14/15.10.1944 61 Squadron Lancaster I ME595 Fg Off. Norman E. Hoad
Operation: Braunschweig (Brunswick), Germany
Date: 14th/15th October 1944 (Saturday/Sunday)
Unit: 61 Squadron
Type: Lancaster I
Base: RAF Skellingthorpe, Lincolnshire
Location: Rieseberg, Germany
Pilot: Fg Off. Norman Edward Hoad 143275 RAFVR Age 21. PoW No: 8372 * (1)
2nd Pilot: Plt Off. Samuel Cadman 184372 RAFVR Age 24. PoW No. 8561 * (2)
Flt Eng: gt. Cyril Stanley Webb 1629973 RAFVR Age 20. Survived/Murdered (3)
Nav: Fg Off. Kenneth Cecil William Ball 153197 RAFVR Age 23. PoW No. 8361 *
Bomb Aimer: Fg Off. William Henry Pullin 55233 RAF Age 24. PoW *
WOp/Air Gnr: Sgt. George Patrick Boyd 1290787 RAFVR Age 24. Killed
Air Gnr (Mid Upp): Sgt. Norman England 1217807 RAFVR Age? PoW No. 1066 **
Air Gnr (Rear): Sgt. Conway Vivian Clifford Embury 1821623 RAFVR Age 20. PoW No. 1065 **
* Stalag Luft 3, Sagan-Silesia, Germany, now Żagań in Poland. (Moved to Nuremberg-Langwasser, Bavaria).
** Stalag Luft 7 Bankau nr. Kreuzburg O.S." (O.S. standing for Oberschlesien, Upper Silesia). Today called Bąków nr. Kluczbork (Poland).
Above: ME595 crew from Left to Right standing: Fg Off. Ball, Sgt. Embury, Fg Off. Pullin, Sgt. England, Sgt. Wilson, Sgt. Webb. Front: Sgt. Boyd, Fg Off. Hoad
REASON FOR LOSS:
ME595 took off from RAF Skellingthorpe at 22:51 hrs on the 14th October 1944 as part of a 1000 bomber raid on Braunschweig. This was the fifth raid on the city and would be the worst of the war. The old centre of the city was completely destroyed with outlying districts also being hit hard. The city was not raided in strength again by Bomber Command.
Above: 61 Squadron Lancaster ME595, QR:Y
Just one Lancaster, ME595, on its return flight from Braunschweig was lost to flak, although eleven other main force aircraft returned with minor flak damage.
ME595 was claimed by Schw. Flak Abt. 117 (o), 4./schw. Flak Abt. 627 and 4./schw. Flak Abt. 225. The aircraft crashed in a swamp 2 km SE of Rieseberg which is 6 km NW of Königslutter at 02:45 hrs. (Nachtjagd Combat Archive (24 July 1944 - 15 October 1944) Part 4 - Theo Boiten).
Above: The compass from ME595 and below the goggles that belonged to Fg Off. Pullin. The images were sent to Aircrew Remembered in June 2015 by Dutch researcher, Ernest Donders, the compass is part of his own collection The Goggles went to another buyer.
(1) Flt Lt. Hoad (promoted to Flt Lt. whilst a PoW) remained in the Royal Air Force (RAF) after being liberated. He retired from the RAF as an Air Vice Marshall (AVM). Norman Edward Hoad passed away on the 29th November 2014 aged 91. His Obituary, is reprinted with the kind permission of the Daily Telegraph Obituaries Column.
(2) Flt Sgt. Cadman (954080) was commissioned and promoted to Plt Off. on the 2nd September 1944, promulgated in the London Gazette on the 7th October 1944. He was promoted to Fg Off. whilst a PoW with effect 4th March 1945, promulgated in the London Gazette 20th April 1945.
(3) The circumstances leading to the death of Sgt. Webb were determined by a Military Court convened at the Curio-Haus in Hamburg between the 27th August and 4th September 1947.
Three German nationals were charged in that they in the neighbourhood of Völkenrode, Germany, on or about the 18th October 1944 and about 23:00 hrs, were concerned in the killing of an allied airman believed to be Sergeant Cyril Webb, Royal Air Force a British PoW.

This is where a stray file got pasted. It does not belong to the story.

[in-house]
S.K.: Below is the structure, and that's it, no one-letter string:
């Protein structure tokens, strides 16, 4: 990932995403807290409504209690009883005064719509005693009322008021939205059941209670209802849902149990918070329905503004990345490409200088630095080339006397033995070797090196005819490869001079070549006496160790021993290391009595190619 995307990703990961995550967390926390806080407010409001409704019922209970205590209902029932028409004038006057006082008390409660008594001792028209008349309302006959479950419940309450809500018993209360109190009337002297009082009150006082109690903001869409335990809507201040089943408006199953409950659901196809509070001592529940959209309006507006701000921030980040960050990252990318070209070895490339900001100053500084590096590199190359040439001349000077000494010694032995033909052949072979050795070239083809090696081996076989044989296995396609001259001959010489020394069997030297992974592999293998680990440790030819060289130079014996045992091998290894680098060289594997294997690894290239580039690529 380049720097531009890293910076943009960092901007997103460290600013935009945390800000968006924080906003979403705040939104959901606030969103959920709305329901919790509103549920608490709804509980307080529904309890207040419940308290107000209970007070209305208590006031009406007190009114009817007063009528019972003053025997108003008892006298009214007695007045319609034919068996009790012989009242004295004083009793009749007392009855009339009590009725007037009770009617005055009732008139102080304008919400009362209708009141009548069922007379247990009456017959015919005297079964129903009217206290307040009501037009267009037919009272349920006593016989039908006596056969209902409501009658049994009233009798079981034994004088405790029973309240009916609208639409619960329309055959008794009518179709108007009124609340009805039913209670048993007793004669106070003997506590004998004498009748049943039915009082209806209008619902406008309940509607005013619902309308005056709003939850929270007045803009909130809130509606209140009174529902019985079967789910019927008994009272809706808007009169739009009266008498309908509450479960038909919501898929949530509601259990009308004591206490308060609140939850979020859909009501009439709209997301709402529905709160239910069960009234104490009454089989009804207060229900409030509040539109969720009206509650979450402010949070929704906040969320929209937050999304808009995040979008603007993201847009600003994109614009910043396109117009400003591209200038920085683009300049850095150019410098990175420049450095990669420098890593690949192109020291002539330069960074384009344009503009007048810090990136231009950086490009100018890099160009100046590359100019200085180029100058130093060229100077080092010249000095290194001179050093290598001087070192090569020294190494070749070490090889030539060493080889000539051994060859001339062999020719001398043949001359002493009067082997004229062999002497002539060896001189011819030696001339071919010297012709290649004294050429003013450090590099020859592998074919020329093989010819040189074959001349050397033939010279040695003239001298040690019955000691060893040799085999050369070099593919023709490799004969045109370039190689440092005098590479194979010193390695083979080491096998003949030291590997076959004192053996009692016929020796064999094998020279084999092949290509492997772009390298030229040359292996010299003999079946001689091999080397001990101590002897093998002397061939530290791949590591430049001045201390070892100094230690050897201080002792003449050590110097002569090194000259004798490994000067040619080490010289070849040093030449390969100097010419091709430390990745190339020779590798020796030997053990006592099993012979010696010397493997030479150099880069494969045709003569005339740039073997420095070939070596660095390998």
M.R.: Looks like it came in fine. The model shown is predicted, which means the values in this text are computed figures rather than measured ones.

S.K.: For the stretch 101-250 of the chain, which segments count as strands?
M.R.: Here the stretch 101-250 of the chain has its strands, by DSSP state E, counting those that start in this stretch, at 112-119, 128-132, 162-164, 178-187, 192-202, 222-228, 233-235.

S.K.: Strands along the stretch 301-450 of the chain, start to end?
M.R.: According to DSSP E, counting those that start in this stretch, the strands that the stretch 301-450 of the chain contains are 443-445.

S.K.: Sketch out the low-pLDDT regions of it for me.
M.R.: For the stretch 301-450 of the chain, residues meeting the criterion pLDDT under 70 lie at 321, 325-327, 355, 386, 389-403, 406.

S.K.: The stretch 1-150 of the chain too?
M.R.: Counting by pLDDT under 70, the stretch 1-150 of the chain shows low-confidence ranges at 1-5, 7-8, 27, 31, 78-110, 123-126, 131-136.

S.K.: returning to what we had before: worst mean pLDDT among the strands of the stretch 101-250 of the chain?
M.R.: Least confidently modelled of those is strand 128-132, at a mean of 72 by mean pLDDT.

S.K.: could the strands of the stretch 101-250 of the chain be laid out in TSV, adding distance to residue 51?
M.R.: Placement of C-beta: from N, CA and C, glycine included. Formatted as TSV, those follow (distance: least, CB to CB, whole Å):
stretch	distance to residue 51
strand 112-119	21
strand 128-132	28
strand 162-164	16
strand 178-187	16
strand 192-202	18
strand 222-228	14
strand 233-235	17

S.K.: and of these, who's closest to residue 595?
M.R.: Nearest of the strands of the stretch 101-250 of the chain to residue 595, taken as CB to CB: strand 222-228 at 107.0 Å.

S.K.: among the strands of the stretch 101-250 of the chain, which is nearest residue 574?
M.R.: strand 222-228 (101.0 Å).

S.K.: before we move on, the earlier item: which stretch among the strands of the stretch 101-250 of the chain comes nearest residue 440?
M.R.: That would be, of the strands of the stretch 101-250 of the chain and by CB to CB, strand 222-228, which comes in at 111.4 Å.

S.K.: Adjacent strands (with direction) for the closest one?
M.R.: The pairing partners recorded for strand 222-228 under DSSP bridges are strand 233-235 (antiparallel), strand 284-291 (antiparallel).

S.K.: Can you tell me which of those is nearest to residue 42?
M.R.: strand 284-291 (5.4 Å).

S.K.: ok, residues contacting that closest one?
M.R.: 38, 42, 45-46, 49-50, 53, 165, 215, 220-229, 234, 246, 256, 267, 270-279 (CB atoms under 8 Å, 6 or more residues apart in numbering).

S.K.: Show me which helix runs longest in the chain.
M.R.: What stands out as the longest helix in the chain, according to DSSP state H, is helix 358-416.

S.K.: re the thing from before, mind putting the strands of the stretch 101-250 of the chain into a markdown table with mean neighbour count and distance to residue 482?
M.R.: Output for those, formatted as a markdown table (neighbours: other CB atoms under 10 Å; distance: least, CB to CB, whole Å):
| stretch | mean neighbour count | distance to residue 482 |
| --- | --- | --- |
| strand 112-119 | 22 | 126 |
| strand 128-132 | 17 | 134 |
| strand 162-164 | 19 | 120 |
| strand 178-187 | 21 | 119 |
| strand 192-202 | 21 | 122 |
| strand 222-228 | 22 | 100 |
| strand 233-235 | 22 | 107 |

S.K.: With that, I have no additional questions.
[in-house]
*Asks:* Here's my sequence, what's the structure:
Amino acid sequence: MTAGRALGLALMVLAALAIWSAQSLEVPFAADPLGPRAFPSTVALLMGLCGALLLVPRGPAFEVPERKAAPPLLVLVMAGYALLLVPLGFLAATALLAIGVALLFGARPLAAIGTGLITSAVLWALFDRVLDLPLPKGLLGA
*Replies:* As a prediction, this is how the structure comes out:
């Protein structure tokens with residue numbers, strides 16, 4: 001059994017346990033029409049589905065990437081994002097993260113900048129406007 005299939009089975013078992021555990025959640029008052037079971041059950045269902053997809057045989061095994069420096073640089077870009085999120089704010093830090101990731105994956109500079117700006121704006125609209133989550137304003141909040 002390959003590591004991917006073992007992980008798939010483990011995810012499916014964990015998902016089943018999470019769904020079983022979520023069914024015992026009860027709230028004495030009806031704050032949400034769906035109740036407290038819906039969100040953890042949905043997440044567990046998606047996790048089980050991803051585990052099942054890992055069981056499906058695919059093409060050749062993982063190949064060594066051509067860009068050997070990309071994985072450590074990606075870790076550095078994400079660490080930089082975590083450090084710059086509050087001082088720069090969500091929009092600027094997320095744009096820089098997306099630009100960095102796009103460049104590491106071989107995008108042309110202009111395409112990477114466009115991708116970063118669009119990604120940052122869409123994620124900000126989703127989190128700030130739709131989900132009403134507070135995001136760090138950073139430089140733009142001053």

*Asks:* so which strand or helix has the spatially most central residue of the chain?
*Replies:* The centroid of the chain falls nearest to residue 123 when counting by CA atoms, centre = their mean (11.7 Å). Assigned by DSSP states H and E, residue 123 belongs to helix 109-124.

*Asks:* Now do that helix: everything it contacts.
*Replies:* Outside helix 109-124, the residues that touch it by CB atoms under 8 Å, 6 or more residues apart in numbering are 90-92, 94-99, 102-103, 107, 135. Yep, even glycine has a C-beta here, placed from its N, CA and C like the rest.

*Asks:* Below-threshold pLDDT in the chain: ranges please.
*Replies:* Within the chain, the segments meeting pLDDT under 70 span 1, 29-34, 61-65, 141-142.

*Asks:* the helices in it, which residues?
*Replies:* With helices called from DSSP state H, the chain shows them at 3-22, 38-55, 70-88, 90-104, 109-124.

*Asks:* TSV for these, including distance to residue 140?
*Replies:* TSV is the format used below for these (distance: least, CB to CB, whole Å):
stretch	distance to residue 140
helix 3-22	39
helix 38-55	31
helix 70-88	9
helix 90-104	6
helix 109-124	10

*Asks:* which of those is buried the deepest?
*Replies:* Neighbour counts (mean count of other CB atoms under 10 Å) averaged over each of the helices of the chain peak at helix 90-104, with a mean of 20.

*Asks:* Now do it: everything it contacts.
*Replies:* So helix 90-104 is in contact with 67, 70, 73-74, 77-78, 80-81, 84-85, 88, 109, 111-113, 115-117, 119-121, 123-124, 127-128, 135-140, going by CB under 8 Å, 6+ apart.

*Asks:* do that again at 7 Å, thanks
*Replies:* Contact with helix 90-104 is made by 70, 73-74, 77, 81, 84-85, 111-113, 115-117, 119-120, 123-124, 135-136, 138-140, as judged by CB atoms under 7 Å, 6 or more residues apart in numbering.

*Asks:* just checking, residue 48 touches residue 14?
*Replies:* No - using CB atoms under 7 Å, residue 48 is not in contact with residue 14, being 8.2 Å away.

The three accused were:
Hermann Wilhelm August Dinge, who was a former Major (Maj) in the Luftwaffe and the Commanding Officer of the Völkenrode Fliegerhorst (aerodrome);
Georg Gawliczek, who was a former Stabsfeldwebel (Sgt Maj) in the Luftwaffe stationed at Völkenrode;
Josef Bussem, who was a former Feldwebel (T/Sgt) in the Luftwaffe and in charge of the Motor Transport (MT) section at Völkenrode.
Dinge was in the custody of the British, whilst Gawliczek and Bussem were extradited from the French zone.
The court heard that at the end of September 1944 Maj. Dinge attended a conference in Celle, which was presided over by SS-Obergruppenführer (Lt. Gen) Karl Friedrich Otto Wolff. At the conference Wolff issued instructions to the effect that in future no enemy airmen or parachutists were to be taken prisoner alive and that the armed forces were not to intervene if the civilian population desired to lynch these enemy airmen.
Wolff was arrested on the 13th May 1945 and he was imprisoned in Schöneberg. During the Nuremberg Trials, Wolff was allowed to escape prosecution by providing evidence against his fellow Nazis, and was then transferred in January 1947 to the British prison facility in Minden.
Although released in 1947, he had been indicted by the post-war German government as part of the denazification process. Detained under house arrest and after a German trial Wolff was sentenced in November 1948 to five years imprisonment due to his membership in the SS. Seven months later his sentence was reduced to four years and he was released.
Wolff was never, either by an Allied or a German Court, prosecuted specifically for issuing the above instructions.
About two weeks after the conference Dinge passed on Wolff’s order to all officers and NCOs at Völkenrode but studiously distanced himself from any personal involvement by emphasising the meaning of the order and its authority. However, it was alleged that he finished his address by intimating that he did not wish to see any prisoners brought to the Fliegerhorst alive.
The court also heard that after Sgt Webb had bailed out he landed near Didderse approximately 20 km north of Braunschweig. Three days later on the 18th October at 08:00 hrs he surrendered himself to a Hermann Behrens, a local road sweeper. After ensuring that Sgt. Webb was unarmed Behrens escorted him to the office of Wilhelm Stoter the Bürgermeister (Mayor) of Didderse.
Behrens gave evidence that Sgt. Webb had rags wrapped around his feet, was hobbling and that he required the support of a stick.
Stoter contacted Edmund Aumann, a member of the polizei (police) for both Groß Schwülper and Didderse, who then collected Sgt. Webb and conveyed him to Groß Schwülper. After Sgt. Webb’s particulars had been recorded he was locked in the local fire station.